Let’s face it: The internet has some trust issues.
Most transactions require some form of authentication, whether that’s asking users to piece together the word “Glob” from a Captcha box, checking a box to authenticate that you are, in fact, human, or waiting for a microtransaction to verify your account.
It’s all designed to protect you, the user, and the company from fraud, but it’s hardly foolproof. Accounts are often hacked, and it’s not uncommon for legitimate credit card applications to be declined out of fear of fraud.
Payfone CEO and founder Rodger Desai calls this phenomenon “the trust gap,” and his company aims to close it through its digital authentication platform.
“Because there’s so much fear that banks and health care has because of digital, they actually decline a lot of transactions,” Desai said. “It’s actually much easier to do business in person than it is online.”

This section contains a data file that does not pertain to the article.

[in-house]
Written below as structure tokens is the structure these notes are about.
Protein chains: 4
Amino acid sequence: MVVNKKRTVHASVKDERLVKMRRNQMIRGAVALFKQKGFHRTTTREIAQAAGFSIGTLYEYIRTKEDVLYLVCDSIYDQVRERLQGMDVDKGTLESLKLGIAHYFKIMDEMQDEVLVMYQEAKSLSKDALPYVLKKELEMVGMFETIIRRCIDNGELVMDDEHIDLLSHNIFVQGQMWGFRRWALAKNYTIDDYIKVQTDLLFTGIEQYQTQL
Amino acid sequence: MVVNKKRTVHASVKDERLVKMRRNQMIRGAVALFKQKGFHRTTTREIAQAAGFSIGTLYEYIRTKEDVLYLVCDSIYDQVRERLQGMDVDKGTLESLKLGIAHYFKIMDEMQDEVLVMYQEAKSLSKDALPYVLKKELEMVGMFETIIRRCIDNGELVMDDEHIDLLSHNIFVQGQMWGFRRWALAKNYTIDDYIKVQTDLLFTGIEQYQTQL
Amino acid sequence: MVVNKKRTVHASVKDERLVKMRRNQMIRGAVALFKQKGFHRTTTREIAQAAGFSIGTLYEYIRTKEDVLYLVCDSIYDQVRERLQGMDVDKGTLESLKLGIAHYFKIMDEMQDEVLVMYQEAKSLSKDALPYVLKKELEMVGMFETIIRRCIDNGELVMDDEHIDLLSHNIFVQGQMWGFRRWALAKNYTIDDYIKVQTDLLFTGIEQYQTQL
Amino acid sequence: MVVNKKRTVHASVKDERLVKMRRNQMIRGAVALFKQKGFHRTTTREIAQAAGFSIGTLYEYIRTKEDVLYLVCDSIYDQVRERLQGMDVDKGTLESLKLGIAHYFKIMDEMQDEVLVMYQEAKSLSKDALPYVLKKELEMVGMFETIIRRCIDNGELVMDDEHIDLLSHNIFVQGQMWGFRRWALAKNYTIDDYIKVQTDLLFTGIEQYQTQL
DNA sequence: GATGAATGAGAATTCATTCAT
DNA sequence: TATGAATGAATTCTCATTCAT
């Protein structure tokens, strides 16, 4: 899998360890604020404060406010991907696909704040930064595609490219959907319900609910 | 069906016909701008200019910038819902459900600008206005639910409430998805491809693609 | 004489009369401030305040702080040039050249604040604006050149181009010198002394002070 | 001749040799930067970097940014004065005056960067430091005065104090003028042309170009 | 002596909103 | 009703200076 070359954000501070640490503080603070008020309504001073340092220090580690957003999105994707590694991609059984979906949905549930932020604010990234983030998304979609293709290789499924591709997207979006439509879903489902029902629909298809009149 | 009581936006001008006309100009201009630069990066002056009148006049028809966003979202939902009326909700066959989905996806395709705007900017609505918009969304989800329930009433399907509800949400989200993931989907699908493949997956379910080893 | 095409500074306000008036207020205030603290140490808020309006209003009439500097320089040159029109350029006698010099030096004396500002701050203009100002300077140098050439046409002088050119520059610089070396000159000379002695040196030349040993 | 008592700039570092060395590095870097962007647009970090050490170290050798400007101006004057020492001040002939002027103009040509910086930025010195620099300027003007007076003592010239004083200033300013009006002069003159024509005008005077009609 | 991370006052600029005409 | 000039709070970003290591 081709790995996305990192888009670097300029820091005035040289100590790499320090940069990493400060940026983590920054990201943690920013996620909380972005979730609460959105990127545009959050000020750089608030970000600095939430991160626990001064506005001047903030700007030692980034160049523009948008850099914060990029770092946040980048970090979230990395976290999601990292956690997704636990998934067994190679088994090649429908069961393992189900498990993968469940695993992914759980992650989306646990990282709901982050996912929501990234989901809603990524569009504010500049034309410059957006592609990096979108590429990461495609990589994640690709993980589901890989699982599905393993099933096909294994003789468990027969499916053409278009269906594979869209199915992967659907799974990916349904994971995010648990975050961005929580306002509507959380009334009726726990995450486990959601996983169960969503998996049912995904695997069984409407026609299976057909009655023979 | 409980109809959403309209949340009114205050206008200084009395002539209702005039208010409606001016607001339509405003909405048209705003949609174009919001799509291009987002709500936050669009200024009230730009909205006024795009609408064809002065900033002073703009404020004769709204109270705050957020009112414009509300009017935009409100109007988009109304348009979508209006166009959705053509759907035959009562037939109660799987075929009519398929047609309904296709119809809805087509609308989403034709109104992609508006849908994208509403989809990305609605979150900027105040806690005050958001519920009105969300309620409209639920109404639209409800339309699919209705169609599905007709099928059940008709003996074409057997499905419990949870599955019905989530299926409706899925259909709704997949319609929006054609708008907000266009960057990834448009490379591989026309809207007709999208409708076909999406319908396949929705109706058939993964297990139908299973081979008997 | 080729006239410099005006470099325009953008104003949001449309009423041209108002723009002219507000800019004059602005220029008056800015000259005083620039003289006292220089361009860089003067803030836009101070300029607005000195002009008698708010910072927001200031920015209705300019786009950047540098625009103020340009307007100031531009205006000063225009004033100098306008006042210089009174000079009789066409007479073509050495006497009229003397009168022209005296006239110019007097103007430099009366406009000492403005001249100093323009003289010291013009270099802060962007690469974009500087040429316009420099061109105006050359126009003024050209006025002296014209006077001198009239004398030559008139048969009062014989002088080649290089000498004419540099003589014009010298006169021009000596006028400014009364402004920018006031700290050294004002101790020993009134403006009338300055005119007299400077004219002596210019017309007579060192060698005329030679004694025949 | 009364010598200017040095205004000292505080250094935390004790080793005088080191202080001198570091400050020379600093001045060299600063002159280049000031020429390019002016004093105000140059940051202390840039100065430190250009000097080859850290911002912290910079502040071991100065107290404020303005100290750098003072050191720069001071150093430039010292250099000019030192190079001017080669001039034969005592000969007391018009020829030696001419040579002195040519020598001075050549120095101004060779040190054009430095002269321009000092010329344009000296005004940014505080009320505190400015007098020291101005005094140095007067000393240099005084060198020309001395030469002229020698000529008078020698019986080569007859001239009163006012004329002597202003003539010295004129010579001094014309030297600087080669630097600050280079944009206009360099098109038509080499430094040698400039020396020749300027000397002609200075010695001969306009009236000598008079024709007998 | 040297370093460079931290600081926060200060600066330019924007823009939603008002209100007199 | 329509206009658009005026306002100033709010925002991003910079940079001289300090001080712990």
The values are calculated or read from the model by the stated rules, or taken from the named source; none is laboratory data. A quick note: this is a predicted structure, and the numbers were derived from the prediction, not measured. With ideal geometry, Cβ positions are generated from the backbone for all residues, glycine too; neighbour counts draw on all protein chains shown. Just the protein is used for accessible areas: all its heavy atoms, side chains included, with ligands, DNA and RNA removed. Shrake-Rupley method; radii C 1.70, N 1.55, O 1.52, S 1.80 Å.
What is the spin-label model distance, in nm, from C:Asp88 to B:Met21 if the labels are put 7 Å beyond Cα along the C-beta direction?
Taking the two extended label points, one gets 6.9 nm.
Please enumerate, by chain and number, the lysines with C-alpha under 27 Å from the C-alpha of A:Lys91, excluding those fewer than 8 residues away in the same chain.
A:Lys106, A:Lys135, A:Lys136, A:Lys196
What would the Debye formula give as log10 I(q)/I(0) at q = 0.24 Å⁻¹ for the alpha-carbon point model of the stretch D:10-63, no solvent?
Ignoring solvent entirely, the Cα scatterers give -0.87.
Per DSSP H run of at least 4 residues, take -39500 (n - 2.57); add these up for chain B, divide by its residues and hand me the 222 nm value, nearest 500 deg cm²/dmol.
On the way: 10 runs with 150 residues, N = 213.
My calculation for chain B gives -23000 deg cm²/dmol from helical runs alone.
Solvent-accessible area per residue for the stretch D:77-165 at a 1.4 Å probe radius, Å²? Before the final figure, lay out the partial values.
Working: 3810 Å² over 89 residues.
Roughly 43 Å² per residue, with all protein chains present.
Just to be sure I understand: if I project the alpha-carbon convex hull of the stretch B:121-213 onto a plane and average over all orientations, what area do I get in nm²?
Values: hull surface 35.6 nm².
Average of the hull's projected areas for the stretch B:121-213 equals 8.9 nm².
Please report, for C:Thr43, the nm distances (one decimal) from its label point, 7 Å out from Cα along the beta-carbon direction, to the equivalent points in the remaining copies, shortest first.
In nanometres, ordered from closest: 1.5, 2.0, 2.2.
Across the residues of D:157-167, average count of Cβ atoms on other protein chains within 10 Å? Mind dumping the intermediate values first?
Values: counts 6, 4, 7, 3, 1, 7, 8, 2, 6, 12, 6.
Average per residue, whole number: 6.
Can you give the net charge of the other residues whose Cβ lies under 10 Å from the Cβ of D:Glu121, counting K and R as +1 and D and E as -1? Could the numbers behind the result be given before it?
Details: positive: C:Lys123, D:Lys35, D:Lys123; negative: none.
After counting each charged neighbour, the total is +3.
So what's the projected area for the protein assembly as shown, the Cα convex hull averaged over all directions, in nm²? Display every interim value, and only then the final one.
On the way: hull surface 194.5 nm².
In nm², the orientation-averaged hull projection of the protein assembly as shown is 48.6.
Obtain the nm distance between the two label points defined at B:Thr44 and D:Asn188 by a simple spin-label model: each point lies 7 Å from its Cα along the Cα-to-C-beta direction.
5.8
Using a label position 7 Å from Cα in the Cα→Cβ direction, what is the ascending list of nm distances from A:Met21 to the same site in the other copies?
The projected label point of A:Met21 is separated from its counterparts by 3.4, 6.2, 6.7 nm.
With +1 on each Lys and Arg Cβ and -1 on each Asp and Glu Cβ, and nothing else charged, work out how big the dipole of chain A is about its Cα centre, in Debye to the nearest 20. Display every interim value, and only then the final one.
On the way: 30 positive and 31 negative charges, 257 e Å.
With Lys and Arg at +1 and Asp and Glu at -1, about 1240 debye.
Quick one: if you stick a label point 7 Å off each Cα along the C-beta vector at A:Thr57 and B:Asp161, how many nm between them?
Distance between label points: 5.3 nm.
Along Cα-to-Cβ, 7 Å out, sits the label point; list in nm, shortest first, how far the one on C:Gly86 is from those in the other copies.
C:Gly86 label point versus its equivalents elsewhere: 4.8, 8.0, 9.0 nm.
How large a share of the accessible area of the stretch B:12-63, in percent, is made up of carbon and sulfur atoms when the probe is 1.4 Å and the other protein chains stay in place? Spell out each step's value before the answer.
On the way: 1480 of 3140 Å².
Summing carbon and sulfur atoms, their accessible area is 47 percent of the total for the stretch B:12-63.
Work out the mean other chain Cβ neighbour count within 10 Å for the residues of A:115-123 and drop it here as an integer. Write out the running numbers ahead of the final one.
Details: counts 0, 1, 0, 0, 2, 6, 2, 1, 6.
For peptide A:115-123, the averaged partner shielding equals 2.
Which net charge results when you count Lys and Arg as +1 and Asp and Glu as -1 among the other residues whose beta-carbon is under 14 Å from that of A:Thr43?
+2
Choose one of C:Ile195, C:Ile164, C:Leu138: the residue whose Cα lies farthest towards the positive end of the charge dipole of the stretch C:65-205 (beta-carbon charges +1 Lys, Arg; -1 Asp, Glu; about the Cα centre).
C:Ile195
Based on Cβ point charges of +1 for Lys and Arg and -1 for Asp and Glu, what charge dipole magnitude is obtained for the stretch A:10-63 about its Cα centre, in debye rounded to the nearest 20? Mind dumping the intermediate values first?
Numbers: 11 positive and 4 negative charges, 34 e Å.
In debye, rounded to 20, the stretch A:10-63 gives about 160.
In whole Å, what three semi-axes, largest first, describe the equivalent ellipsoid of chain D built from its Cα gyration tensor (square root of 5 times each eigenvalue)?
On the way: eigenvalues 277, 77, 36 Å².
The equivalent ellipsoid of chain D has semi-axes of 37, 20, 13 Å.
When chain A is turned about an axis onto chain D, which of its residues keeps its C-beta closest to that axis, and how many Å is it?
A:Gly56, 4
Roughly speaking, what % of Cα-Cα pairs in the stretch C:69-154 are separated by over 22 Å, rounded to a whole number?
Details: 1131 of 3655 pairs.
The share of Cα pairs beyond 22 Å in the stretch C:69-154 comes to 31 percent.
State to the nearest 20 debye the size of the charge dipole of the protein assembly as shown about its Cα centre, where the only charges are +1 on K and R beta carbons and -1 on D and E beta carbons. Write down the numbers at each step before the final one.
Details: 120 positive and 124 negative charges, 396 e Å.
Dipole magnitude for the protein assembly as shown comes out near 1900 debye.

The company, which has offices in New York and Denver, announced on Wednesday that it has closed $24 million in funding to address that issue, and bring those services to other countries.
“Our main objective with this money is to close the trust gap for folks who are unbanked and thinly banked in the United States, but also we want to expand to 35 countries,” Desai said. “There are lots of countries where there’s no real credit system...We’re trying to use this money to create a new standard around identity confidence.”
Founded in 2008, Payfone’s platform allows businesses to verify customers via their cell phone sim cards. The company then deploys a trust score algorithm to help other companies verify authentic users and decide to approve transactions in a private and secure way.
Payfone plans to use the funding round to help the most likely victims of the trust gap — people who have thin bank histories or live in developing countries — gain more trust from businesses and banks. To that end, they partnered with investor TransUnion, which already provides credit reporting in 30 countries.
The company plans to hire up to 75 people over the next year and a half, primarily at its New York headquarters. The round raises Payfone’s funding to $117.6 million.